Do you go for frequent health checks? Whether they’re simple blood tests or nerve-wrecking colonoscopies. Why do these tests? I’m guessing you want to make sure all’s well with your body. The idea is to catch diseases before they develop, or confirm any suspicions so you may seek immediate treatment. Many of the diseases we develop these days are linked with poor dietary habits year after year. In this post, you’d get a series of questions to guide you towards a better diet for health.
By the time you finish reading this article, you should be able to identify shortcomings and start working on them to prevent disease. You can ask yourself these questions every few months. This exercise may save you a trip to the doctor’s office, or admissions to the hospital in future! This post will be crafted as a series of questions that you ask yourself. So grab a pen and paper, and jot your answers down so you don’t lose track as we go. Trust me, it’ll help!
1. Is your current diet in line with your health/weight goals?
Read this question again and ask yourself. Is it a yes, or a no?
Do you have any disease? Do you hope not to get a disease that may be hereditary in your family?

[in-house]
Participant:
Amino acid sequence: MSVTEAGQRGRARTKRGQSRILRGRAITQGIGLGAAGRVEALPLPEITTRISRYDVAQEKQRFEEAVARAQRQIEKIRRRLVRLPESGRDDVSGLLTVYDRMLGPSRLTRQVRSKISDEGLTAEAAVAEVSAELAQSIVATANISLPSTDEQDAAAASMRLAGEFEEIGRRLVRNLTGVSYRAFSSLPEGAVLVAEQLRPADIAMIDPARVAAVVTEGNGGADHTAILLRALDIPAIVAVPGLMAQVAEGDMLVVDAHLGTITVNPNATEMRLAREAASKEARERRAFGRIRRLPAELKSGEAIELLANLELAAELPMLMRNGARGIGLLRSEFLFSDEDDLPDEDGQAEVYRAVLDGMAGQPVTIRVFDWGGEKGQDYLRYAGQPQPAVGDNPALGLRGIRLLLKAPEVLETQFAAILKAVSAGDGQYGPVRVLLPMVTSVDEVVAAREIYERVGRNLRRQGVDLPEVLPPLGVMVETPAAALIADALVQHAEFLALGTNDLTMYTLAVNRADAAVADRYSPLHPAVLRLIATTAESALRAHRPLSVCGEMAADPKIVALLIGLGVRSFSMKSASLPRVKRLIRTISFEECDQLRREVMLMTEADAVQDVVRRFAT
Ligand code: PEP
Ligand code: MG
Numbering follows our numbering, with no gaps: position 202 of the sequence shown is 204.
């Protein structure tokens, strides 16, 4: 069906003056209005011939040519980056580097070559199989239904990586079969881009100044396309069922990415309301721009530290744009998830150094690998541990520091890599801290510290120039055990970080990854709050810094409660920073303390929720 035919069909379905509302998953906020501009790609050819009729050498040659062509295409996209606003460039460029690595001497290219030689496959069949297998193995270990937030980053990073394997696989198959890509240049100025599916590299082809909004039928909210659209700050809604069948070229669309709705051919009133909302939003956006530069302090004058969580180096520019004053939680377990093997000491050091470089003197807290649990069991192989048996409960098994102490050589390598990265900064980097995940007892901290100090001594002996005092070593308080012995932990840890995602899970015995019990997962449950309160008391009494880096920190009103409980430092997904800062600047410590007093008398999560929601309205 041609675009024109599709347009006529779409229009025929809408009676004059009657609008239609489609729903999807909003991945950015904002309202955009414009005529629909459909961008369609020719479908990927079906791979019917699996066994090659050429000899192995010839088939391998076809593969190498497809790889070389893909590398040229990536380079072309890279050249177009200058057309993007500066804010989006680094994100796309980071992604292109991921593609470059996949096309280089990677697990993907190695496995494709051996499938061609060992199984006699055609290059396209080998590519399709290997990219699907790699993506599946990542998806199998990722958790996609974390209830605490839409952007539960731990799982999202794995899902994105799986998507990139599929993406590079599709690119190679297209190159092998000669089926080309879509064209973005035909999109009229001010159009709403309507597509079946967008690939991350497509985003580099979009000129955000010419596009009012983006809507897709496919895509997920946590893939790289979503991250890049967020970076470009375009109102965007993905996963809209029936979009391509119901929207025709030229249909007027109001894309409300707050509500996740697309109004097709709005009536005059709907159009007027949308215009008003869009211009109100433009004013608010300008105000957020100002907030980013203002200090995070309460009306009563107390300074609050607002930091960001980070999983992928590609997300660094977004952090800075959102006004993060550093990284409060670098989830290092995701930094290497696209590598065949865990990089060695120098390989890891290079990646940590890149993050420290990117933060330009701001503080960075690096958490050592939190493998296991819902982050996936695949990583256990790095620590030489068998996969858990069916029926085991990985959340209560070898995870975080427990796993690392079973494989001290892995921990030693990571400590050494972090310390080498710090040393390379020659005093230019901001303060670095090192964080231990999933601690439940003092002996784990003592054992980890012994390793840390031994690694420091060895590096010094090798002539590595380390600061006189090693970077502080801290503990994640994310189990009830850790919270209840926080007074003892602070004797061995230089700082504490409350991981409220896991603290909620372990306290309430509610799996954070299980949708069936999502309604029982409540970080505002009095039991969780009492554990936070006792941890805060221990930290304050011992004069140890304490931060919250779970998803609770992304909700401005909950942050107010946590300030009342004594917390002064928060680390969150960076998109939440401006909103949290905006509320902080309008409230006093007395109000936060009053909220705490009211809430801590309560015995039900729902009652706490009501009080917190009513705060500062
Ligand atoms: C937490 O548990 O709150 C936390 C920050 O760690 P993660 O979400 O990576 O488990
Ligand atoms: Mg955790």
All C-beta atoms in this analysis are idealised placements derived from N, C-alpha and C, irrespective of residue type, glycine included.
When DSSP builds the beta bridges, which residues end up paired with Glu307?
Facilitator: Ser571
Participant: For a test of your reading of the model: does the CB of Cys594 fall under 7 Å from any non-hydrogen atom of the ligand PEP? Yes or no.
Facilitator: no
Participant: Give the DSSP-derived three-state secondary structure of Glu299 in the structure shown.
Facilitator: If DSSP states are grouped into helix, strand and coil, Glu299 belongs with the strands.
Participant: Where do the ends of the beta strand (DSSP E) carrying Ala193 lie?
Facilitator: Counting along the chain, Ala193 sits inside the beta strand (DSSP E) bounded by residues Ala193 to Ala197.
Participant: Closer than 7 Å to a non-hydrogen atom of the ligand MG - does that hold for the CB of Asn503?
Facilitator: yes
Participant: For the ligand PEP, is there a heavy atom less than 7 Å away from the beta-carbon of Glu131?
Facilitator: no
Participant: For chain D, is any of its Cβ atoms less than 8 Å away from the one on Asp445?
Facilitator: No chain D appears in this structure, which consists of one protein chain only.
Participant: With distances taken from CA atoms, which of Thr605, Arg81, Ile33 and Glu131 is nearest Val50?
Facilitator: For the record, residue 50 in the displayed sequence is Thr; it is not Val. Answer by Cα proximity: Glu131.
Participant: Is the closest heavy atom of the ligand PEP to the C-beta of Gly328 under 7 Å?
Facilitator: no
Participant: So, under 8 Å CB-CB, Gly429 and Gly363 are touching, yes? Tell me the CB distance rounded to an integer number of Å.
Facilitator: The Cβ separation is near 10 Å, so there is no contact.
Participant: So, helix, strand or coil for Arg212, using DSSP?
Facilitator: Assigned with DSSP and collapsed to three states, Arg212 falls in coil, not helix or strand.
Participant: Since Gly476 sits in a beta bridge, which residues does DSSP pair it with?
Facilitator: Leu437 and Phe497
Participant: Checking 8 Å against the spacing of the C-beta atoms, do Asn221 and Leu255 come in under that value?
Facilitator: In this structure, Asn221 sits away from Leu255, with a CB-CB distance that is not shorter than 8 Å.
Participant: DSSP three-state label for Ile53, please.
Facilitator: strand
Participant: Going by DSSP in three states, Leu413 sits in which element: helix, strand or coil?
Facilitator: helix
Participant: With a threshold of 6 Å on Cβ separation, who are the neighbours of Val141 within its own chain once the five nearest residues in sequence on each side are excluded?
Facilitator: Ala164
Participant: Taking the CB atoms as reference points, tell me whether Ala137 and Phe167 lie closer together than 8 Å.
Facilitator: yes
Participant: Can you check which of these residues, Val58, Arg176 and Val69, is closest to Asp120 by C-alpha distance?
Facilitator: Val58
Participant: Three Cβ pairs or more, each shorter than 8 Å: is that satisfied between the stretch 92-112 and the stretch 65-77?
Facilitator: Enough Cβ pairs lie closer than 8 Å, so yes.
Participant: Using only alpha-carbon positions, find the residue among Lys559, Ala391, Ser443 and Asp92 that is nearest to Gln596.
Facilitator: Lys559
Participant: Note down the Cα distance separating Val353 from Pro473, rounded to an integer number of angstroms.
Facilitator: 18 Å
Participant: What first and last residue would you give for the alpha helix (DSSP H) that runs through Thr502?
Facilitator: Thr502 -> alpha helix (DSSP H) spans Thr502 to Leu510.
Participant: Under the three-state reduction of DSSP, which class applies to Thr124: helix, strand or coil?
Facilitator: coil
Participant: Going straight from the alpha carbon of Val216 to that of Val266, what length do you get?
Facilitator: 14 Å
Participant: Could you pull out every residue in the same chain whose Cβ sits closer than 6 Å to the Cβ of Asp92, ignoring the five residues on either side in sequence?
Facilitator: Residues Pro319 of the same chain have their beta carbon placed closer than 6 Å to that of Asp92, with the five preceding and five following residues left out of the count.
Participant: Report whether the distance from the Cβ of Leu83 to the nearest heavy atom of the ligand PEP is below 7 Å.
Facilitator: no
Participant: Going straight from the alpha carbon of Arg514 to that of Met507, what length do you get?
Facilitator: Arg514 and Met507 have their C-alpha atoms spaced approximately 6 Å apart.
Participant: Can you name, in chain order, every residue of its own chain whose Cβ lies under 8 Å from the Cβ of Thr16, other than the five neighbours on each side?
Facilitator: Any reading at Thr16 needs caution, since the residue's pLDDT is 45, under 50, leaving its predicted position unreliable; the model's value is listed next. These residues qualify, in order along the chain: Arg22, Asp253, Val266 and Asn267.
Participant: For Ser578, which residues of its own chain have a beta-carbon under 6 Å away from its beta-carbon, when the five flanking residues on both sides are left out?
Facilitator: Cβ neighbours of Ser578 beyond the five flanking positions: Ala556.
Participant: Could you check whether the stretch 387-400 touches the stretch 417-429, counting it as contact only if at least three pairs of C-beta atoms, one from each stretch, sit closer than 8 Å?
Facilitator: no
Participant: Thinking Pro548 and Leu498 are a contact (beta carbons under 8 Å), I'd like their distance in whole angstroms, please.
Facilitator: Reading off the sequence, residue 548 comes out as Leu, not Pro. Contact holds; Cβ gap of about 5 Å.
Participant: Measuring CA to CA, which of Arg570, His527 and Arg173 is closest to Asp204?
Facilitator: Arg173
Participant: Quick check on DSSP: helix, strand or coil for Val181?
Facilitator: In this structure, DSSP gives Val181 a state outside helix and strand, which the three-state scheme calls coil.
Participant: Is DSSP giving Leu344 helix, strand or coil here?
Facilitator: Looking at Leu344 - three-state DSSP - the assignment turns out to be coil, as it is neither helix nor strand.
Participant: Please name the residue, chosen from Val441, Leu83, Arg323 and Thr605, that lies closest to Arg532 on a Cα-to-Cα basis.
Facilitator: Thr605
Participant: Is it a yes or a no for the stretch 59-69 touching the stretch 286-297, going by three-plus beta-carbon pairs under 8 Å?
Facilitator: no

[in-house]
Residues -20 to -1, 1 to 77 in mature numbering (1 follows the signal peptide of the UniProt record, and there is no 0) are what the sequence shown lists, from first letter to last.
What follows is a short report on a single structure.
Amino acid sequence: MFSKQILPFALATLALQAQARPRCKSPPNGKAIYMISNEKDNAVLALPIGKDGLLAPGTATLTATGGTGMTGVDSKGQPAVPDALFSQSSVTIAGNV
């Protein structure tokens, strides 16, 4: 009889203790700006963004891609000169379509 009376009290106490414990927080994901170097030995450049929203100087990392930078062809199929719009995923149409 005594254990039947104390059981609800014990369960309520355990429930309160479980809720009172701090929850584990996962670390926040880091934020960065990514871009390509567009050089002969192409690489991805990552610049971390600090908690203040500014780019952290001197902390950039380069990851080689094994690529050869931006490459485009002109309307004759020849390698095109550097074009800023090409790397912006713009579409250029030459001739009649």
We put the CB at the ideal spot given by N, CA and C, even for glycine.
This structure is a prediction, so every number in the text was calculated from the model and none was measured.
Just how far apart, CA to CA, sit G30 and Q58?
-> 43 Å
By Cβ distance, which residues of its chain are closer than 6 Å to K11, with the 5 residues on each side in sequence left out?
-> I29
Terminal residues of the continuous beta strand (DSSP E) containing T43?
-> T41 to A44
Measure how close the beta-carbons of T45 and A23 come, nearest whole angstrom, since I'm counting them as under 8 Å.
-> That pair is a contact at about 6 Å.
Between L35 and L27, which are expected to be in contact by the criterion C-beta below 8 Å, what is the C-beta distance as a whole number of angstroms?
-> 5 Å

Are you trying to lose weight? Perhaps you’re trying to gain weight?
Do you think what you ate yesterday, in the last week, or the previous month, is going to help you achieve these health/weight goals?
Think about this for a moment and write down what you think before moving on to the next question.
2. What have you always wanted to change about your diet but never got around to doing?
Do you want to change anything about your diet? Yes or no?
If you’re not sure, think about whether you’ve observed a family, friend, or colleague eat? Do they have particular eating habits that you wish you had? It could be the practise of drinking more water, having breakfast regularly, or being disciplined in avoiding snacks.
Or, think about whether there any eating habits you engage in only in certain places? For example, do you tend to eat a lot of rice at your parents’ place, or drink excessively when you’re at a party? Perhaps you snack on chips when you’re with a particular group of friends, or need to nibble on something when no one is around at all? Do you like having these habits? Can they be improved on? How can you work on them?
Make a list of food habits you always wanted to kick but never actually got around to doing so. To have a better diet for health, new habits have to be formed, and old habits will have to go (or be adjusted).
3. Are you meeting national dietary guidelines for nutrient recommendations?
Do you pump diesel into your petrol-run car? I hope not, that would go against the car’s “instruction manual” and destroy it!
Similarly, are you filling your body with foods that you need, as recommended by national dietary guidelines? The “dietary” instruction manual (aka national dietary guidelines) for your body to function properly is readily available, free for all. If you’d read the instruction and care manual before using a new washing machine, or putting new clothes to wash, why not do the same for your body?